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Vaccine. 2011 Oct 26;29(46):8317-22. doi: 10.1016/j.vaccine.2011.08.099. Epub 2011 Sep 3.

Attitudes and perceptions of private pediatricians regarding polio immunization in India.

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Indian Academy of Pediatrics, Kailash Darshan, Mumbai, India.



India has faced considerable challenges in eradicating polio. Uttar Pradesh (UP) and Bihar are the two states in India where transmission of polio has never been interrupted. Private pediatricians are important stakeholders for vaccine delivery and maintaining public confidence in vaccines. The purpose of this study was to investigate the attitudes and perceptions of pediatricians in India regarding polio immunization and their opinions about various strategies regarding polio eradication in the country.


A random sample of 785 pediatricians belonging to the Indian Academy of Pediatrics (IAP) were selected for the survey with over sampling of members located in Bihar and UP. Potential participants were either contacted by phone or sent a self-administered anonymous questionnaire by mail. For this analysis both sets of responses were combined. Surveys were conducted from June 2009 to June 2010.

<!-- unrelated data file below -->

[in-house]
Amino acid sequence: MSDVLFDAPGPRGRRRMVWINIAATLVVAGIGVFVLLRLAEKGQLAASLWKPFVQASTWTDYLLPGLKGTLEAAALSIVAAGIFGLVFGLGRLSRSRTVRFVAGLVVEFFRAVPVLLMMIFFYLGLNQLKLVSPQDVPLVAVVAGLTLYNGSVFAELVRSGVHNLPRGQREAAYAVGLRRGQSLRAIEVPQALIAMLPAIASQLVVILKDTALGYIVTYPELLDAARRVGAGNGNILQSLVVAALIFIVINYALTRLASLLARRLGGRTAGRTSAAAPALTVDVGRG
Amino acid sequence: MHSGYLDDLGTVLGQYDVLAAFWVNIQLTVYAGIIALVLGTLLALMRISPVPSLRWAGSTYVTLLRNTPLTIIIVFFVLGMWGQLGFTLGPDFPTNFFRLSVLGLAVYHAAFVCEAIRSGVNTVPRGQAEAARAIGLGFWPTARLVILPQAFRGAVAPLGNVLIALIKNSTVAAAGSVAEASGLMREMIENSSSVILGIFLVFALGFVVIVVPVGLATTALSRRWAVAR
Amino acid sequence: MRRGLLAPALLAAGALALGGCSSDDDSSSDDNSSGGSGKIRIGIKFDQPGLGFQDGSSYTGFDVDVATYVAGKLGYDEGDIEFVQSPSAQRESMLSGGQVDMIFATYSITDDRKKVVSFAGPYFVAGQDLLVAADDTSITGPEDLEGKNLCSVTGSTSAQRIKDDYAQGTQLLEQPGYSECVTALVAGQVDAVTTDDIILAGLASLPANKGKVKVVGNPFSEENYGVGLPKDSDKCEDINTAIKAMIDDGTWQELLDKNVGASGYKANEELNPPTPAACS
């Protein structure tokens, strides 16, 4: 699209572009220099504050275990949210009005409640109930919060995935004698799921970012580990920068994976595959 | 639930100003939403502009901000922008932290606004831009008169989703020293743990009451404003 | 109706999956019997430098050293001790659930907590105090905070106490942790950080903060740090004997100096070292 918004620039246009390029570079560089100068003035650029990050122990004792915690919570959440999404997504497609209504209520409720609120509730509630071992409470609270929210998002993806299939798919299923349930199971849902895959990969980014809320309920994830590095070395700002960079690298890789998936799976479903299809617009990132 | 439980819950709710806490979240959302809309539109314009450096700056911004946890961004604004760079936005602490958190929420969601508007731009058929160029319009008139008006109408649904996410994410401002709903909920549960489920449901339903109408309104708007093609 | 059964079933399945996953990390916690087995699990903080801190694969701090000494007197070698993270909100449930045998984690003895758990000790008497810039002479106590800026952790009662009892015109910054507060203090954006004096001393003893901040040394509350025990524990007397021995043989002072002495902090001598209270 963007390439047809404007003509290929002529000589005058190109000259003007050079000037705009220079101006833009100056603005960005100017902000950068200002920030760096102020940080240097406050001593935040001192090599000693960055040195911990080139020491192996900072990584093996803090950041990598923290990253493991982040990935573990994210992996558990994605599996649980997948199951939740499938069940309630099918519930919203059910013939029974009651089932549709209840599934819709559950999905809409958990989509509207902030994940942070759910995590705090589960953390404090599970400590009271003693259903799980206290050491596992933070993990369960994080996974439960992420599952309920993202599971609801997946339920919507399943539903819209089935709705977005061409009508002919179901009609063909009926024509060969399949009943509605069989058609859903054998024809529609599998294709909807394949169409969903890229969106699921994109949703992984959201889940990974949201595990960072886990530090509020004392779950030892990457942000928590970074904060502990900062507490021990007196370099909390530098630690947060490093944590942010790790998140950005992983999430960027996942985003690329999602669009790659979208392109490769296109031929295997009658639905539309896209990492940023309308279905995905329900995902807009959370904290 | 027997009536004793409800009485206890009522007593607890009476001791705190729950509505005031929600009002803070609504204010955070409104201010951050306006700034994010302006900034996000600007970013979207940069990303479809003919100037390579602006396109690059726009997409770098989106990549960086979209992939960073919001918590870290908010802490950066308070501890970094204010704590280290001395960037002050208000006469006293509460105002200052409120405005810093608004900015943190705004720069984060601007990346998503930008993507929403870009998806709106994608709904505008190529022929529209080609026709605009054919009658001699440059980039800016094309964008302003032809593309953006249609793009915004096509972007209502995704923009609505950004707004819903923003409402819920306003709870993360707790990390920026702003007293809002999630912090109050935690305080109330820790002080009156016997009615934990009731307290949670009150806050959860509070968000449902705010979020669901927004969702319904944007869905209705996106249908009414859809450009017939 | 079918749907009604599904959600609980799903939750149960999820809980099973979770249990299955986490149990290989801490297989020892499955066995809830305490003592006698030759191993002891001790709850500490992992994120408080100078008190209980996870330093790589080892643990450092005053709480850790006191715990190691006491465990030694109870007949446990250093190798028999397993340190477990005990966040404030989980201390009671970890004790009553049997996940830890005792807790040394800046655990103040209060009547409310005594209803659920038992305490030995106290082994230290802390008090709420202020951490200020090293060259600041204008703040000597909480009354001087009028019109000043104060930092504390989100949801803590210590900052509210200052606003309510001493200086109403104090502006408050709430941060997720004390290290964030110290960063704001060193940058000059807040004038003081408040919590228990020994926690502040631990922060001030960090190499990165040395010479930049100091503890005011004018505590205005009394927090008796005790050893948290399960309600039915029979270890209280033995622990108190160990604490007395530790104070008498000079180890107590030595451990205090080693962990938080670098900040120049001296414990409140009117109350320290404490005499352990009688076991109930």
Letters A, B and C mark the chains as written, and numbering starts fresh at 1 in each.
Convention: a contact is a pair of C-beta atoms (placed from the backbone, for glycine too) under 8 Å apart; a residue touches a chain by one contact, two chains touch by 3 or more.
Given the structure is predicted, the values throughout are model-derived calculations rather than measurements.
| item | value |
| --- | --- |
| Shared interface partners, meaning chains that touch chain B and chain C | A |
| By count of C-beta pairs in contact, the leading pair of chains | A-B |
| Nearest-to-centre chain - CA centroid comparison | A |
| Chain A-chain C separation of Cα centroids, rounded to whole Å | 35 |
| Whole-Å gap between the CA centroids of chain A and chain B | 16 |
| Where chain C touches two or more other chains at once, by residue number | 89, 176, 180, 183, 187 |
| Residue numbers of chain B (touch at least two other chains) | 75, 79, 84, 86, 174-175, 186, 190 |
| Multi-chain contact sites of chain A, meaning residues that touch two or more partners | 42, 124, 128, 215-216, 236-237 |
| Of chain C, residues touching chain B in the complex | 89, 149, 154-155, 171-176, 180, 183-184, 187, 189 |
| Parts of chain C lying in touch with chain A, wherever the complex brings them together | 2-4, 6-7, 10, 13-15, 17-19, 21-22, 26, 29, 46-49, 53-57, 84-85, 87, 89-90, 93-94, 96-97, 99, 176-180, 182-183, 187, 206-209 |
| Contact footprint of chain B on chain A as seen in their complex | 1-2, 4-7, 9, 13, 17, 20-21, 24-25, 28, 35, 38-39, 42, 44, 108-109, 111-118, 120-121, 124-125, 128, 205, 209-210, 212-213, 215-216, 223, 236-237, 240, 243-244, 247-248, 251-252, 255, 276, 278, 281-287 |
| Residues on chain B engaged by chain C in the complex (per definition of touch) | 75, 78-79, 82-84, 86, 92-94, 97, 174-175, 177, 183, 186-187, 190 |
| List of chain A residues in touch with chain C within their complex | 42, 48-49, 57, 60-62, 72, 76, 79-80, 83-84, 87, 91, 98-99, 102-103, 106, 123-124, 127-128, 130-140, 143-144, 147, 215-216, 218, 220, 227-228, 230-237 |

A total of 398 surveys were completed (51%). Nearly all respondents indicated that polio eradication is still an important priority (99.7%). Ninety-six percent of pediatricians believed that strengthening routine immunization efforts remains the best way to eradicate polio in endemic areas. Other measures thought to be important in eradicating polio are mass campaigns with IPV (73%) and mass campaigns with bivalent OPV (59%). Pediatricians also identified several barriers to polio eradication which included parents' lack of awareness of the importance of polio vaccination (88.8%), parents' lack of confidence in polio vaccine (64.0%), religious beliefs (59.2%), fear of side effects (59.2%), lack of time or priority (56.6%), superstition (50.3%) and cultural beliefs (46.4%).


There is still strong support for polio eradication efforts among IAP members. Pediatricians in India strongly believe that improving the coverage of routine immunization remains the best way to eradicate polio. There is an urgent need to improve awareness, build confidence in the program, and remove barriers among parents.

[Indexed for MEDLINE]

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